EU makes a big push toward sustainable aviation fuel

The European Commission (EC) has proposed new taxes on aviation fuel and is also proposing a requirement that 5% of fuel used by EU-based airlines by 2030 be sustainable aviation fuel (SAF).

Those policy recommendations are part of a sweeping set of proposals put forward by the commission Tuesday geared toward reducing the bloc’s net greenhouse gas emissions by at least 55% by 2030. 


U.S. airlines to go net-zero carbon emissions by 2050

Focus on Sustainability: The pandemic’s green shoots

Under the so-called ReFuelEU Aviation Initiative, fuel suppliers would be obligated to blend increasing levels of SAF in the jet fuel delivered to EU airports. That number would rise from 5% in 2030 to 20 percent in 2035 and ultimately to 63% by 2050.

Airlines, meanwhile, would be required to fuel-up consistently during aircraft turns so that they would not have the ability to avoid fueling at airports with SAF, where the price is expected to be higher. 

Airlines say SAF can reduce emissions by 80% compared with standard jet fuel. According to IATA, however, insufficient supply and high prices have limited airline uptake in 2021 to just 31 million gallons, a tiny fraction of the 350 billion gallons of jet fuel that carriers would use globally during a typical year.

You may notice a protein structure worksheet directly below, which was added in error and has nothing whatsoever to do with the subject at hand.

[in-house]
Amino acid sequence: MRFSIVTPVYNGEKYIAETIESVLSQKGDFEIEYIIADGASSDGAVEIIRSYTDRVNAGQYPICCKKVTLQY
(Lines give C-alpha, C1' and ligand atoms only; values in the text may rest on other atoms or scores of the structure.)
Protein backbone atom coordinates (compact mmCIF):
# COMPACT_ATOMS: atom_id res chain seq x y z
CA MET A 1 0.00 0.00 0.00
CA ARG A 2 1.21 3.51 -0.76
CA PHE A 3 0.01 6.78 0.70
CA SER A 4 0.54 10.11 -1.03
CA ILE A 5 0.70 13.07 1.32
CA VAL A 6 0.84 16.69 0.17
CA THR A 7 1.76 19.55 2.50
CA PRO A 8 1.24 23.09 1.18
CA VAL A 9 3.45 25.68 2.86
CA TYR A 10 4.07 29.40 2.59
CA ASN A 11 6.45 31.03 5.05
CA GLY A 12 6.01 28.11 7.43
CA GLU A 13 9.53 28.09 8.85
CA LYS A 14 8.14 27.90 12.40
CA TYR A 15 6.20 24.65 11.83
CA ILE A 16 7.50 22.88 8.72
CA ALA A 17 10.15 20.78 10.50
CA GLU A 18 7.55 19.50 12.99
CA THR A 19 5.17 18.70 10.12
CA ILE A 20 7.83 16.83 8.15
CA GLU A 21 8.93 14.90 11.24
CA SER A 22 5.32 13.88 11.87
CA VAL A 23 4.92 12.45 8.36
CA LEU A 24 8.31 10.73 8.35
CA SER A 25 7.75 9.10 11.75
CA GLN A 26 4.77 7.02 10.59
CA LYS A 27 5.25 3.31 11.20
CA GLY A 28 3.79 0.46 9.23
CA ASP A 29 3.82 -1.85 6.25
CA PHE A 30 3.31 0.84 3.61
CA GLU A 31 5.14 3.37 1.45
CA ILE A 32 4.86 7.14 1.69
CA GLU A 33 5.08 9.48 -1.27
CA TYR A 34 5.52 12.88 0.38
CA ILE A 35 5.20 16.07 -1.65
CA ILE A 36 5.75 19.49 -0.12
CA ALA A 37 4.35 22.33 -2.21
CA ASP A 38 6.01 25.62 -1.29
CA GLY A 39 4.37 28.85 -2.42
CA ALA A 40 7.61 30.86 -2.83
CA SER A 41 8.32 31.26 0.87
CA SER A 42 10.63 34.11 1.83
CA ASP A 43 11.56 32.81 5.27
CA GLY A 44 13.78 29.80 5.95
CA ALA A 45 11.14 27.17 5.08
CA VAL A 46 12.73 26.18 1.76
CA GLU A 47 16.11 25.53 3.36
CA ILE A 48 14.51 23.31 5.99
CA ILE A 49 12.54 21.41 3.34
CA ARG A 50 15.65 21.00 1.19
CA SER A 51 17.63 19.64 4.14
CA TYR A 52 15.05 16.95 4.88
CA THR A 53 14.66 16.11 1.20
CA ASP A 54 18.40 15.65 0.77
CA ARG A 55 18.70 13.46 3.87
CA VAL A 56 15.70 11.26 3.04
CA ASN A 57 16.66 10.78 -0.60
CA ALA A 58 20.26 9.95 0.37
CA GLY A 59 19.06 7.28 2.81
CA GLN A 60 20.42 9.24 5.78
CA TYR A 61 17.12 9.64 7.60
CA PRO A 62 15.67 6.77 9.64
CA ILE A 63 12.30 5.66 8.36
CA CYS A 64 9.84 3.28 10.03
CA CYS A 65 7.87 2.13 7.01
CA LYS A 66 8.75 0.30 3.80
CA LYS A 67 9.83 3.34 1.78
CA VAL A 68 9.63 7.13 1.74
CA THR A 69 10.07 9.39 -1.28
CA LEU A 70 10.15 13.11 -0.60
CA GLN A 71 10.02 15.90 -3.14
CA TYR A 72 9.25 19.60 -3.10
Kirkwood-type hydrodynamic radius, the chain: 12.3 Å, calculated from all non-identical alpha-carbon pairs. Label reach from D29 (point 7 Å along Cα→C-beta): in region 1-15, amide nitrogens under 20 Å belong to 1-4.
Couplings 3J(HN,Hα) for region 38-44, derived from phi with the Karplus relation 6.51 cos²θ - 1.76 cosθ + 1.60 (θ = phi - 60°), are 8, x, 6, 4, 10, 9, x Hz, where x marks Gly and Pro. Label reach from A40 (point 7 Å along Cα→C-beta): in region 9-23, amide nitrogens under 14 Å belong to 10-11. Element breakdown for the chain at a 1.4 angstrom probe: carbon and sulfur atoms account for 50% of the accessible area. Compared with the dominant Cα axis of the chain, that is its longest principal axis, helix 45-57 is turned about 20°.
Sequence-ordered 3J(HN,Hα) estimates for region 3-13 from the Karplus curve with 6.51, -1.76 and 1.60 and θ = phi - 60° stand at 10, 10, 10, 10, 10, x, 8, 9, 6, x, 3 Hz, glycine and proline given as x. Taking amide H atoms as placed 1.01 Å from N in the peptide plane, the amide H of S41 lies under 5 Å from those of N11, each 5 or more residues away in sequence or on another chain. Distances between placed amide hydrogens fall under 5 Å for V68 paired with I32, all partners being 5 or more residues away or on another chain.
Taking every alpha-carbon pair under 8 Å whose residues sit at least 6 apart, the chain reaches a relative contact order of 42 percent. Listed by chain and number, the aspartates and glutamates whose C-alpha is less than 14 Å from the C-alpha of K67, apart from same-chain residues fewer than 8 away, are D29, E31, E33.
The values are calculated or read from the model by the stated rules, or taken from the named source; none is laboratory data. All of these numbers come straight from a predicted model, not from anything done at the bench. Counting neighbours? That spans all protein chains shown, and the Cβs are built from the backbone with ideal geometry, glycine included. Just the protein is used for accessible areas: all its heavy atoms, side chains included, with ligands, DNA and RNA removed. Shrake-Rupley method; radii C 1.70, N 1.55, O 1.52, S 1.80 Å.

The EC has also proposed ending the current exemption to fuel taxes that the EU aviation industry enjoys under the bloc’s Energy Taxation Directive. Aviation is currently exempted from EU energy taxes due to the lack of alternatives the industry has to carbon-intensive jet fuel. 

The EU’s effort to reduce emissions by at least 55% by 2030 is an intermediary step toward the bloc’s longer-term goal of reaching climate neutrality by 2050.

IATA, on Tuesday, called the new proposals, “counterproductive to the goal of sustainable aviation.”

“Aviation is committed to decarbonization as a global industry. We don’t need persuading, or punitive measures like taxes, to motivate change,” IATA director general Willie Walsh said in a prepared remark. “In fact, taxes siphon money from the industry that could support emissions-reducing investments in fleet renewal and clean technologies.”

Walsh called for tax incentives in order to spur SAF production. 

The EC proposals would have to be adopted by the European Parliament in order to become law. 

Source: Read Full Article